Venue cancels John Hinckley Jr. concert, which shot President Reagan


The John Hinckley Jr. concert in Brooklyn, an oddity that was to feature music from a man best known for trying to kill a US president, was canceled on Wednesday by the venue, which cited fears of a backlash in a “dangerously radicalized”. , reactionary climate.

Mr. Hinckley, 67, who shot President Ronald Reagan in 1981 and was found not guilty by reason of insanity, has lived in Virginia under restrictions since 2016, but was granted an absolute discharge which took effect on Wednesday. Mr Hinckley planned to use this release to mount what he called a ‘redemption tour’, playing his original music at venues across the country.

But that plan ran into hurdles as venues reneged on its scheduled concerts, including the Market Hotel, a concert venue in the Bushwick neighborhood of Brooklyn which released a statement on social media on Wednesday saying it was canceling the performance of Mr. Hinckley on July 8th.

“It’s not worth betting on the safety of our vulnerable communities than giving a guy a microphone and a paycheck from his art who didn’t have to earn it, who we don’t care about a artistic point of view and which disturbs people in a dangerously radicalized and reactionary climate,” the statement read.

The venue appeared to announce the decision with regret, writing in the statement that “this guy playing is not harming anyone in a practical way.”

“He’s in his 60s with an acoustic guitar,” the site said. The statement went on to say that while they believed ex-convicts and people with mental illnesses should be able to earn a chance to “fully reintegrate into society”, they made the decision after considering “threats and the very real and escalating hatred faced by our vulnerable people”. communities”.

In 2020, a federal judge in Washington ruled that Mr. Hinckley could begin publicly displaying his writings, art and music under his own name after his treatment team told the court about his frustrations with duty. publish their music online anonymously. Since then, Mr. Hinckley has uploaded videos of his original songs and covers to his YouTube channel, which has more than 28,000 subscribers.

In a telephone interview on Wednesday, Mr Hinckley said this tour would be the first time he performed his original songs live and that he was disappointed with the cancellation, although he said he understood the concerns of the room for security.

Credit…by YouTube

“I watch the news like everyone else – we live in very, very scary times, to be honest,” Mr Hinckley said. “I would only have continued the show if I was going to feel safe at the show and feel the audience was going to be safe.”

A lawyer for Mr Hinckley, Barry Levine, wrote in an email that there had been ‘increasing threats’ which could put Mr Hinckley and the participants at risk and that he agreed with the decision to cancel.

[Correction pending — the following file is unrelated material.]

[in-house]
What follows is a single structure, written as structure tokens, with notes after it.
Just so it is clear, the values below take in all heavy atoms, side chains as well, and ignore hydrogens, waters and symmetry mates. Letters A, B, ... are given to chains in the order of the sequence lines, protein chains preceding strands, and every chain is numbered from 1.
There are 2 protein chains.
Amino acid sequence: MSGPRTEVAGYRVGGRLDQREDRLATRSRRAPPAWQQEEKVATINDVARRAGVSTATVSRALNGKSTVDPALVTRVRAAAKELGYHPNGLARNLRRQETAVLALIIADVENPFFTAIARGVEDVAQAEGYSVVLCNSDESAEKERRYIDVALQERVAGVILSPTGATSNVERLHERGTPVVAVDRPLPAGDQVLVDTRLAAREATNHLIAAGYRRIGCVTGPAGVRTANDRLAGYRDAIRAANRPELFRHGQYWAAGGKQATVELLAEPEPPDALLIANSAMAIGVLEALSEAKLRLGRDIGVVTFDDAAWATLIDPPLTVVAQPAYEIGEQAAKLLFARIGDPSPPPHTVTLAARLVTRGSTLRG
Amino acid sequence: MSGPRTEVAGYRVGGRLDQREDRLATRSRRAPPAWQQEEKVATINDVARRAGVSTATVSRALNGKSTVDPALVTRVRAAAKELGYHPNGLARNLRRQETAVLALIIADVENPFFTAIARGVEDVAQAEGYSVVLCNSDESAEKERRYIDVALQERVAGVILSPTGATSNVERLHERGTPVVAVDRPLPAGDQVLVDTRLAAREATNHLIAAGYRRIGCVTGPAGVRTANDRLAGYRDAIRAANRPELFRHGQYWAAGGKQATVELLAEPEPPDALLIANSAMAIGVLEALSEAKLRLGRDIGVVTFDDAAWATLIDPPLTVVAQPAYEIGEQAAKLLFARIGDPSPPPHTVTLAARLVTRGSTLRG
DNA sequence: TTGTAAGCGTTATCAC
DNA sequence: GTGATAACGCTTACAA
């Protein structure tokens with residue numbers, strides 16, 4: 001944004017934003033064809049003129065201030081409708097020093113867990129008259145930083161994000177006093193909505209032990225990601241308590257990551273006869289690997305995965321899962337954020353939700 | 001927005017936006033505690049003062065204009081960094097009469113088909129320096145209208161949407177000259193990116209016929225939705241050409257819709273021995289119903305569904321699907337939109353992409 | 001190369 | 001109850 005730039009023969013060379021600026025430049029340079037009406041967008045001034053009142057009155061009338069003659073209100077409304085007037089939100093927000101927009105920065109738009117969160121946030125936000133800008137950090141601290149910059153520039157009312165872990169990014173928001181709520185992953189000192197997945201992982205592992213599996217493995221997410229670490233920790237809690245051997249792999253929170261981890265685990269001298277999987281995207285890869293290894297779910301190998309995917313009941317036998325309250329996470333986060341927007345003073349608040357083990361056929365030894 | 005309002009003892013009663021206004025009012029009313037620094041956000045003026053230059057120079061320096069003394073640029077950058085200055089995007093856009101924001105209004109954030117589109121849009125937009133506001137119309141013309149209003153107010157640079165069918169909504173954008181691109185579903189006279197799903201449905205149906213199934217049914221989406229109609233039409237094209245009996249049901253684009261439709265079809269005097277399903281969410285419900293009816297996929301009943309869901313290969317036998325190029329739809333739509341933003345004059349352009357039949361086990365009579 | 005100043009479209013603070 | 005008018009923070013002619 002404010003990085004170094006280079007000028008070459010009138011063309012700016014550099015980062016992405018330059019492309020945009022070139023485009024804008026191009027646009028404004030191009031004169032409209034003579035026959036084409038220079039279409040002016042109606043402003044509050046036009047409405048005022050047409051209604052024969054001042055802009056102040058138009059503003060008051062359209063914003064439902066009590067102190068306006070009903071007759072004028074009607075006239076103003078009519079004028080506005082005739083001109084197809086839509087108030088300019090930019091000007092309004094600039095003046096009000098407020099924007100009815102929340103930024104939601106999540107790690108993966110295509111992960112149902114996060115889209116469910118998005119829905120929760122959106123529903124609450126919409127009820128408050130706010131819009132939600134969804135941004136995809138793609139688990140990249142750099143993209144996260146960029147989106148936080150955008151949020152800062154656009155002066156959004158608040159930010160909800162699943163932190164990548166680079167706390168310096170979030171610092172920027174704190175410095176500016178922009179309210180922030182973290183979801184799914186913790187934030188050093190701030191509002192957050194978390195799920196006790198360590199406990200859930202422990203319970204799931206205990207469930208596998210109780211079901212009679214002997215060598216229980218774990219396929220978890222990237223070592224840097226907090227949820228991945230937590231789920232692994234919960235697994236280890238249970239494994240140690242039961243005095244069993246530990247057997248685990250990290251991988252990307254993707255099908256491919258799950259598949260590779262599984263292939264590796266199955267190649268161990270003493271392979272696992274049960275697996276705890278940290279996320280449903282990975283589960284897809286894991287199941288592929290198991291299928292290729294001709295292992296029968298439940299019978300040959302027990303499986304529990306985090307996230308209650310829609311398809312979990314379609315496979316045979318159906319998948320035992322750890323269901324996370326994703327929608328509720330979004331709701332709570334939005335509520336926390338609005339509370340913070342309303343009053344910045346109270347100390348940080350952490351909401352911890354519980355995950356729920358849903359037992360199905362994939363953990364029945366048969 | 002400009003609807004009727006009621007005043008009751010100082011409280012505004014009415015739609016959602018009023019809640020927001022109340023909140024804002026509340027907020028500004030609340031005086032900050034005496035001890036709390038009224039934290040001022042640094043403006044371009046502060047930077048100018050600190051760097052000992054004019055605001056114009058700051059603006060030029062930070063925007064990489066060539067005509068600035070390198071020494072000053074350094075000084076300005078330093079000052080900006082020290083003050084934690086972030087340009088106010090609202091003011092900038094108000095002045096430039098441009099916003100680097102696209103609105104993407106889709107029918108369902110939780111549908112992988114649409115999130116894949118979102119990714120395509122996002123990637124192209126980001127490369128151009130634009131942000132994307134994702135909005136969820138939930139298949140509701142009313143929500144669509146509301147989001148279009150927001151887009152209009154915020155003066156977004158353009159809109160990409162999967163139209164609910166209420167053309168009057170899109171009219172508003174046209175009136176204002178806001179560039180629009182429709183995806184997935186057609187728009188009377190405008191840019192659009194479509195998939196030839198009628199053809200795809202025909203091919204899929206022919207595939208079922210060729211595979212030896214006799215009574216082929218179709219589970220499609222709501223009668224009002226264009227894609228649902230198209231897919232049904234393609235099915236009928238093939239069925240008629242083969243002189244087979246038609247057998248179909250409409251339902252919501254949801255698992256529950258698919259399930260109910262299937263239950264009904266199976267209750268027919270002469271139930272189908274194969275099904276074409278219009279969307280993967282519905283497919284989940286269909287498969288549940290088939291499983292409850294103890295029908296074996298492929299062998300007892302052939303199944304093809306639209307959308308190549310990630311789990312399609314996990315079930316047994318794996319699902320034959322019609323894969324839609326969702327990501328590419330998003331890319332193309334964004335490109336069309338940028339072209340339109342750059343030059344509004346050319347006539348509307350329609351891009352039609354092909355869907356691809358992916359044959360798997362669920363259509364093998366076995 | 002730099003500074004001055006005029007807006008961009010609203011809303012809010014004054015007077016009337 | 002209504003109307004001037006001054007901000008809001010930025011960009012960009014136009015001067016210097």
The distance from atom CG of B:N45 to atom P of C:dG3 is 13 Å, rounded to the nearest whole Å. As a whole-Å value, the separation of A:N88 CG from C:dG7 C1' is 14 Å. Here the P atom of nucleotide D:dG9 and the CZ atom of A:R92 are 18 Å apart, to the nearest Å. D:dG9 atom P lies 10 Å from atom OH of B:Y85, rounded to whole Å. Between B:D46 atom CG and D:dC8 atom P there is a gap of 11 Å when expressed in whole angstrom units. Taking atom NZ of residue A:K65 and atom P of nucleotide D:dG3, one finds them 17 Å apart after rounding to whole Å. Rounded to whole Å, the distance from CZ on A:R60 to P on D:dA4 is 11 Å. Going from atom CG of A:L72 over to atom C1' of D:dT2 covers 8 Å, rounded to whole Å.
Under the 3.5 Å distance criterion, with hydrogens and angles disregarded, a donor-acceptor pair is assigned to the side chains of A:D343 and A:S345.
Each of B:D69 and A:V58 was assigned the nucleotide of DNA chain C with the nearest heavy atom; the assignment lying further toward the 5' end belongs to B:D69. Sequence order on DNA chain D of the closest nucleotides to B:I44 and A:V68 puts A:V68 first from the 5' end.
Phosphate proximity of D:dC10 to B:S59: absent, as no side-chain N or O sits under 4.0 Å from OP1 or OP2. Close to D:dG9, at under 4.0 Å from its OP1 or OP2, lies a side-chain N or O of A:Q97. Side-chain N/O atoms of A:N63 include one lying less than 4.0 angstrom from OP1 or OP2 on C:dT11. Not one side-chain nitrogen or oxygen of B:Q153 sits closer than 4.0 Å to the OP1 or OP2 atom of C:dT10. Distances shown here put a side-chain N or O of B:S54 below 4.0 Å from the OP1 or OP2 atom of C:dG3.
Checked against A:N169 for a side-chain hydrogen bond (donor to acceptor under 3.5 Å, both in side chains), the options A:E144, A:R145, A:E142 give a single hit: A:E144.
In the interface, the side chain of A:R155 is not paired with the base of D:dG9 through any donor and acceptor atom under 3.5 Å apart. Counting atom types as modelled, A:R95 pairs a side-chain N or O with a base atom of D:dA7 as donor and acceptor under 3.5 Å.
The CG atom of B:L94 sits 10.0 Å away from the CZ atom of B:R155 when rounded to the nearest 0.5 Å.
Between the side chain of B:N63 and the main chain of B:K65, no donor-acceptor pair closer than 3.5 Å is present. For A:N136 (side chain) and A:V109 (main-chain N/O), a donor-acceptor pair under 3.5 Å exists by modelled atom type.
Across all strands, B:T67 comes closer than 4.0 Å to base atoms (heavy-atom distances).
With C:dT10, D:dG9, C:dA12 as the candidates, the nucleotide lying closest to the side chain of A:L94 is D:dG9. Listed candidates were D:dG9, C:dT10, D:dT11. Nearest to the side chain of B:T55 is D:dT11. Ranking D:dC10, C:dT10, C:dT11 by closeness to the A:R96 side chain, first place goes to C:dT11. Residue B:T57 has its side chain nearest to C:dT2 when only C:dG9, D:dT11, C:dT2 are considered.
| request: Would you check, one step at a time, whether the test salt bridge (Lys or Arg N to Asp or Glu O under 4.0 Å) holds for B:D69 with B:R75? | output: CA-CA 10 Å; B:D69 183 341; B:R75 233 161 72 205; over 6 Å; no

But Mr Hinckley said a promoter he worked with was looking for a new venue in New York. Venues in Chicago and Hamden, Connecticut, which had previously scheduled performances by Mr. Hinckley also canceled the concerts.

In 1981, after seeing the film “Taxi Driver”, in which the main character plots to assassinate a presidential candidate, Mr. Hinckley said he had hatched his plan to kill Mr. Reagan in order to impress Jodie Foster. He waited outside the Washington Hilton on March 30, 1981, where Mr. Reagan was giving a speech, and fired six shots as the president left the hotel. The blows hit the president; James S. Brady, White House Press Secretary; Timothy J. McCarthy, a Secret Service agent; and Thomas K. Delahanty, a policeman. Mr Brady died of his injuries in 2014.

Mr. Hinckley was sent to a psychiatric hospital in Washington for more than two decades. The judge set a final release date of June 15, without any restrictions, after finding that Mr Hinckley had met several conditions, including mental stability.

The Ronald Reagan Presidential Foundation and Institute spoke out against Mr. Hinckley’s unconditional release, writing in a statement that the organization was “saddened and concerned that John Hinckley, Jr., will soon be released unconditionally and intends to pursue a musical career. for profit. »

Patti Davis, one of Reagan’s daughters, opposed the lifting of restrictions on Mr Hinckley, writing in a Washington Post op-ed last year that she feared ‘the man who wielded this gun and almost got his wish to assassinate the president might decide to contact me.

But Mr Hinckley’s supporters see an important message in society allowing him to perform publicly after decades of rehabilitation.

“That’s what the world needs to see, which is the ability to rehabilitate,” said Andreas Xirtus, a podcaster from California who supports Mr. Hinckley’s music. “Somehow his spirit is still there and positively impacts the music.”

Mr Levine said in the email that his client hopes the public will understand that he has changed since the 1980s.

“Although he knows his name is associated with an act of violence,” Mr. Levine wrote, “he hopes people of goodwill will understand that when he committed these acts he was wracked with disease. mental – a condition from which he no longer suffers.”


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